Microsoft focuses on tailoring Azure, cloud services for developers

26 December 2013

In the past several years, Microsoft has implemented a number of changes that have forced the company to adapt to new market demands. Typically known as a software and product manufacturer, the organization has shifted to a service-centric model, as it aggressively enters new verticals. 

Microsoft has embraced the cloud movement and has been using its status as a strong enterprise IT provider to become a major player in the market. However, the company's new dynamic is not only confined to new products and services. According to eWEEK, Microsoft is tailoring a number of products – particularly Widows Azure – to programmers and developers. 

It's a smart move, as it will allow the company to capitalize on a large network of programmers who already rely on Microsoft products. More importantly, it will make it easier for enterprises to easily integrate and create custom applications and programs with other hardware and software. It's all about putting the developer first, a concept that Scott Guthrie, Microsoft's vice president for Windows Azure explained to eWEEK.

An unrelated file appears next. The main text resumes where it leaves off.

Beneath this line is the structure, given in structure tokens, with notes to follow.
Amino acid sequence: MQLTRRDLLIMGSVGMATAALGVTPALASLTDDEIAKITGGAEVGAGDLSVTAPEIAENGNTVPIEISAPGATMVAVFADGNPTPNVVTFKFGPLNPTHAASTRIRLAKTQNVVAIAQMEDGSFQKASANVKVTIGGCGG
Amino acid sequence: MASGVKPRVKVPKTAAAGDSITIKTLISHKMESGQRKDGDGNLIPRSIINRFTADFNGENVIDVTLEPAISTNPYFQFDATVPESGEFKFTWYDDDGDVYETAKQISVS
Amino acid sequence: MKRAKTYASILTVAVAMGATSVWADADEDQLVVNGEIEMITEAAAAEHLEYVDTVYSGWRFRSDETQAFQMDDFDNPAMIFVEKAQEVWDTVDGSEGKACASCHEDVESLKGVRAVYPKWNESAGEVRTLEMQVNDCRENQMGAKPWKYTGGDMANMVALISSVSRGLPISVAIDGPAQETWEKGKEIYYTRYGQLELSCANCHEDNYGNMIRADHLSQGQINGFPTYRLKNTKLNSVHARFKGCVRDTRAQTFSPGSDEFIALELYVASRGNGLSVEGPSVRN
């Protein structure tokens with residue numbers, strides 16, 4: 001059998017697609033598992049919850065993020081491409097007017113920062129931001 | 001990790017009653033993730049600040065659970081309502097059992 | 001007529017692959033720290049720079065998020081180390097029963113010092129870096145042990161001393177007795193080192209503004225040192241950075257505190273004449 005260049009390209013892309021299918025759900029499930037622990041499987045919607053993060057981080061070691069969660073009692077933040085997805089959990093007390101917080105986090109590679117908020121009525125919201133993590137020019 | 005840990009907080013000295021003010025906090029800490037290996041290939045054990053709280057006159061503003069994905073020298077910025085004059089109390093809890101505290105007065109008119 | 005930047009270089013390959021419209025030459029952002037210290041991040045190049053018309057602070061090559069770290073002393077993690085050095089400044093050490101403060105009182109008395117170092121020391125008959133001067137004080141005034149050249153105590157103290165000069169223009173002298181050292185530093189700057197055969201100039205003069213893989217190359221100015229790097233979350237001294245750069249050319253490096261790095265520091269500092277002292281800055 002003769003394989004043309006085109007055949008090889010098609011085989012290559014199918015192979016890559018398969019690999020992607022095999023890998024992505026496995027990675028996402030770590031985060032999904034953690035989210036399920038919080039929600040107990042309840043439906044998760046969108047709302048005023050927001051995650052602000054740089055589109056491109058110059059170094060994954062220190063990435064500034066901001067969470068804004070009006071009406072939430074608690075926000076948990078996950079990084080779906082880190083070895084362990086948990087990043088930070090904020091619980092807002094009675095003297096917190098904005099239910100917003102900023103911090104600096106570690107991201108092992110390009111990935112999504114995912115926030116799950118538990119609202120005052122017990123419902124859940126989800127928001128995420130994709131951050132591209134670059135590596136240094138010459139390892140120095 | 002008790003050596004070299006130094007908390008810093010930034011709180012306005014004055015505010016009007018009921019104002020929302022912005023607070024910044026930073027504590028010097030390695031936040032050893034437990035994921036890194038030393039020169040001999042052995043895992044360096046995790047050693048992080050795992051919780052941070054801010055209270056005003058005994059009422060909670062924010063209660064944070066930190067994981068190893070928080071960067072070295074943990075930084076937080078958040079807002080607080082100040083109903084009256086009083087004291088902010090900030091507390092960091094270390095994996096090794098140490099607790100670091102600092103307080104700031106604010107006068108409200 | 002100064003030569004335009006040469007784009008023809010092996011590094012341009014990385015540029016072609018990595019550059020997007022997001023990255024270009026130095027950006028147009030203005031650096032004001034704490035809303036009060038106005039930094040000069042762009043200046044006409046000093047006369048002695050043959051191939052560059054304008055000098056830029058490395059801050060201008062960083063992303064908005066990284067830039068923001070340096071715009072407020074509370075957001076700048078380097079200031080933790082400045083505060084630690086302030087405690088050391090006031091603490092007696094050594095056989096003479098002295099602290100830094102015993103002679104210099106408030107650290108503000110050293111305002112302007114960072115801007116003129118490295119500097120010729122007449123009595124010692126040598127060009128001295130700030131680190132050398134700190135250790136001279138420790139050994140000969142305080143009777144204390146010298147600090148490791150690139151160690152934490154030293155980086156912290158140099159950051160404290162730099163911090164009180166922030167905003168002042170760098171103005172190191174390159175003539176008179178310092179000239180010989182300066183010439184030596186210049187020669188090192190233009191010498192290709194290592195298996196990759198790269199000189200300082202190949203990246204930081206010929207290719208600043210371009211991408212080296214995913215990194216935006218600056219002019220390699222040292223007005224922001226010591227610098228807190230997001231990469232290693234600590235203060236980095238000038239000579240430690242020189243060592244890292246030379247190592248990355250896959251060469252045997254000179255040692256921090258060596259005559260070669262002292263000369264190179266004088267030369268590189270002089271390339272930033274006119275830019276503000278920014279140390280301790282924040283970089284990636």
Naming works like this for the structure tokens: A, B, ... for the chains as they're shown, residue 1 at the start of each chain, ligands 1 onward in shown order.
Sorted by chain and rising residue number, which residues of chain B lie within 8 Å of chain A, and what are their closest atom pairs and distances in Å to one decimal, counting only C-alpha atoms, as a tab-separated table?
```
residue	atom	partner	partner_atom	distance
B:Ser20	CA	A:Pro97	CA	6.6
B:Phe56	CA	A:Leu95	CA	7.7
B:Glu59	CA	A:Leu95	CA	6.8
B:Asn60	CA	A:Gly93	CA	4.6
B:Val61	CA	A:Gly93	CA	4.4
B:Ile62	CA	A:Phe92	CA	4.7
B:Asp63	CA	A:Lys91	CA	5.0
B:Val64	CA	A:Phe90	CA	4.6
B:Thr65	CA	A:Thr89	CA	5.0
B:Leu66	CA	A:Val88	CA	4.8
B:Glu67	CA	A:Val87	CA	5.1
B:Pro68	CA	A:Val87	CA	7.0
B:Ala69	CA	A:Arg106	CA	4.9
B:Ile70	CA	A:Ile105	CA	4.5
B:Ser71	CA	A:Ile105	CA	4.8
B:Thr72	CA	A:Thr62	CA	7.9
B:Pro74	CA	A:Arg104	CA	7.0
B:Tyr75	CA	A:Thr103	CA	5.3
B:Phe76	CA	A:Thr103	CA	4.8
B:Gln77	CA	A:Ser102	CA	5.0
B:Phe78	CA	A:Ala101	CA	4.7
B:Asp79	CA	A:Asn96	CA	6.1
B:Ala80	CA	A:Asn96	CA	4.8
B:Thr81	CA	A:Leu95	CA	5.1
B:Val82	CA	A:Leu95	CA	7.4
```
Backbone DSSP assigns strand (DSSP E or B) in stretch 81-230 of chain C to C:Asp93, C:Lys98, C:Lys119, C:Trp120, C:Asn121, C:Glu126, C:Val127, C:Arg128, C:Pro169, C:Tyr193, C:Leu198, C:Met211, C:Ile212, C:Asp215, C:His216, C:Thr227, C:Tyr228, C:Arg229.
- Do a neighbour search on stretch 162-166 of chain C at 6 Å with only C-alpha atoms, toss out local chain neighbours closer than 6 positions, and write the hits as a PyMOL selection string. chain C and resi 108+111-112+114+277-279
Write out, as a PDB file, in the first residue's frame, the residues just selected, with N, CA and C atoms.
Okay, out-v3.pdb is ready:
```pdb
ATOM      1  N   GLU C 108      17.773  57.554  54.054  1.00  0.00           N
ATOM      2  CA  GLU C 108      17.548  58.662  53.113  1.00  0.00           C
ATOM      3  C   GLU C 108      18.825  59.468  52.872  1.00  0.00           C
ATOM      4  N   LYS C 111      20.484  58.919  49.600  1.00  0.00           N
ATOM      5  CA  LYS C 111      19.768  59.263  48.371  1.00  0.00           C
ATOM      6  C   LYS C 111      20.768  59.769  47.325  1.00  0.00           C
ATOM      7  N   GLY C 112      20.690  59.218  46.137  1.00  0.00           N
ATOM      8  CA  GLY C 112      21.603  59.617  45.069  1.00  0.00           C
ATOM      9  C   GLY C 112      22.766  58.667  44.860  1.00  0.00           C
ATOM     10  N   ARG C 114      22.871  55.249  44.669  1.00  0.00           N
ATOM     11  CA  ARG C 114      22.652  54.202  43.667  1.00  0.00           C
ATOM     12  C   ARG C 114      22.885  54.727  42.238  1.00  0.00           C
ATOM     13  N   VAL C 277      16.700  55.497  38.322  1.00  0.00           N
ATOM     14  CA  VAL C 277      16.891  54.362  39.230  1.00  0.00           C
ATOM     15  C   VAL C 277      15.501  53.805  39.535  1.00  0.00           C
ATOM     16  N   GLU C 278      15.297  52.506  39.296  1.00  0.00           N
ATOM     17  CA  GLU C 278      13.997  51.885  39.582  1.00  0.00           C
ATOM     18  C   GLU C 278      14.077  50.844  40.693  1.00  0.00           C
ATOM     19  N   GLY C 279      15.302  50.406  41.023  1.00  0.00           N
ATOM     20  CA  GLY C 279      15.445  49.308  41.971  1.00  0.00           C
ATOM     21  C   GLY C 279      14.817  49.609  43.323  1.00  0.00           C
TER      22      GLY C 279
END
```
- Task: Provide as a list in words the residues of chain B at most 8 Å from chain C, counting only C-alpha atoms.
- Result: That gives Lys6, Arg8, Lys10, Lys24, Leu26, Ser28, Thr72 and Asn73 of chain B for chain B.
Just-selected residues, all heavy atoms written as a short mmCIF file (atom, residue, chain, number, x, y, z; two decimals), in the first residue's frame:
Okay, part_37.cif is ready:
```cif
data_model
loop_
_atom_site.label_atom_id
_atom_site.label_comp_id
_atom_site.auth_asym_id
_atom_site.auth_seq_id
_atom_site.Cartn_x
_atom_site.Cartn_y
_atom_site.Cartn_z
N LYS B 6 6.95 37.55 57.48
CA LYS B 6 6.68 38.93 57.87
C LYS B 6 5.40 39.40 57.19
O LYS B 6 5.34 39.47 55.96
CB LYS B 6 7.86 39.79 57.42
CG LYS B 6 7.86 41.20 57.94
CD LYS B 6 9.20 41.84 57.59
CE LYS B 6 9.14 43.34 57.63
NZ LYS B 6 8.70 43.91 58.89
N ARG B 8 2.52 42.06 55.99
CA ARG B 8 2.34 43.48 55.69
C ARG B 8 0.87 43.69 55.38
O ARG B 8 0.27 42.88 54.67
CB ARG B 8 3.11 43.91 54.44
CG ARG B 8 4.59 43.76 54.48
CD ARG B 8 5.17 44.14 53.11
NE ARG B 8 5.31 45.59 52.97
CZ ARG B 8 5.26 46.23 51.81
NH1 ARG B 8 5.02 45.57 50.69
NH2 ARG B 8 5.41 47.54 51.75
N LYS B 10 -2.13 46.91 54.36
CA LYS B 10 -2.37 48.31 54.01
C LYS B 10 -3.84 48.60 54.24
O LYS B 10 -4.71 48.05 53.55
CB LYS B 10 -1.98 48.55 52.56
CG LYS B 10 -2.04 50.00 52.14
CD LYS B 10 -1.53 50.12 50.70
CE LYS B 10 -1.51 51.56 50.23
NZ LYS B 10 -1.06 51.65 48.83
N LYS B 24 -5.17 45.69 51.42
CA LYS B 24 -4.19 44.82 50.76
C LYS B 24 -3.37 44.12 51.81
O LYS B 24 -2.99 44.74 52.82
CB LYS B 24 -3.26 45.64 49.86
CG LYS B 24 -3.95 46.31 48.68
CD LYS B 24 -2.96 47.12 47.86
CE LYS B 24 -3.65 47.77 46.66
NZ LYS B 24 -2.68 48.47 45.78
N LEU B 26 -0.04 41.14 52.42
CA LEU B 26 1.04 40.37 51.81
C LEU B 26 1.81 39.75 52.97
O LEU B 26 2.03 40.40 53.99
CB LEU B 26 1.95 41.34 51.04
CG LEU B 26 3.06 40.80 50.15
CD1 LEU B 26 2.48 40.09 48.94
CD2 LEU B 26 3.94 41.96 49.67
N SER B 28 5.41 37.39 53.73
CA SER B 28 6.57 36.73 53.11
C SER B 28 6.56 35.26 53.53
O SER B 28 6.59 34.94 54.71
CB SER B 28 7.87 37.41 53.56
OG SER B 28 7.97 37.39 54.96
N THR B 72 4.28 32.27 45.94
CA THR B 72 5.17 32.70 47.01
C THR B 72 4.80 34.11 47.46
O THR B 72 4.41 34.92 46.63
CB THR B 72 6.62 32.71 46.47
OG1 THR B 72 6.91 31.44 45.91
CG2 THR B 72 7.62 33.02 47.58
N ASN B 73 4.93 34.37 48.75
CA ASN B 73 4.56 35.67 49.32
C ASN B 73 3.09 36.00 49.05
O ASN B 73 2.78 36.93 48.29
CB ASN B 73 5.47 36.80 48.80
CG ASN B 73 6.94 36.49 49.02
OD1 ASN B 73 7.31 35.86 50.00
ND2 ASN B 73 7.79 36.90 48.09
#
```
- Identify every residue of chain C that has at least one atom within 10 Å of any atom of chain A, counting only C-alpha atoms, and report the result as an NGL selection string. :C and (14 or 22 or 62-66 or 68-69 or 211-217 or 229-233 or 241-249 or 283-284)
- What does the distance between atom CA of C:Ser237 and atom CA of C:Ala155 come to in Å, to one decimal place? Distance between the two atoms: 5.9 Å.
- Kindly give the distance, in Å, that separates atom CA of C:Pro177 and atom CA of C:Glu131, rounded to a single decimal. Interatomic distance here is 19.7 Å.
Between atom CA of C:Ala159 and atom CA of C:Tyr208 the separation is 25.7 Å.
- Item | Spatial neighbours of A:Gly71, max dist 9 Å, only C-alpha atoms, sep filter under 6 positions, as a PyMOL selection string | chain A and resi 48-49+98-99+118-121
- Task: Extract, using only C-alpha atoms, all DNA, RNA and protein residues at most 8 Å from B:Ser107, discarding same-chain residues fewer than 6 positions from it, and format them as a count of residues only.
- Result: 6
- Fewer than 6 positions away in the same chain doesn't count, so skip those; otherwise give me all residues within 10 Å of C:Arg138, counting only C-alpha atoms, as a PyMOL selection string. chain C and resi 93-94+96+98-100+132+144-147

"One of the things I've spent time on since I've been in Azure is focusing on how we have a great developer integration story and take advantage [of] the millions of developers who use .NET and Visual Studio today," Guthrie told eWEEK. "Over the last year in particular, we had some good dialogue across the division and made some shared bets that you can see today and others you'll see in the future." 

With the cloud becoming a main driver behind enterprise communication, Microsoft's move to being virtual-centric could prove beneficial. Potentially, programmers could be willing to invest more in Microsoft training for Azure and other cloud tools from the software giant if it continues to streamline its products to make them easier for coders to use. 

Enterprise sales increasing
According to Bloomberg, Microsoft's enterprise division has seen strong sales in recent years, ever since it was reshuffled to tailor to the cloud. The source reported that revenues for the sector in 2011 were $16.6 billion. In the latest fiscal year, the figure has jumped to $20.3 billion. 

As more IT leaders start to recognize how beneficial the cloud can be, Microsoft's enterprise division will likely grow even stronger. With more cloud services being launched by the company, more businesses are embracing the virtual environment powered by Microsoft. Because Azure and other cloud offerings are easy to connect with SharePoint, Lync and other products, it's no surprise sales are booming. 

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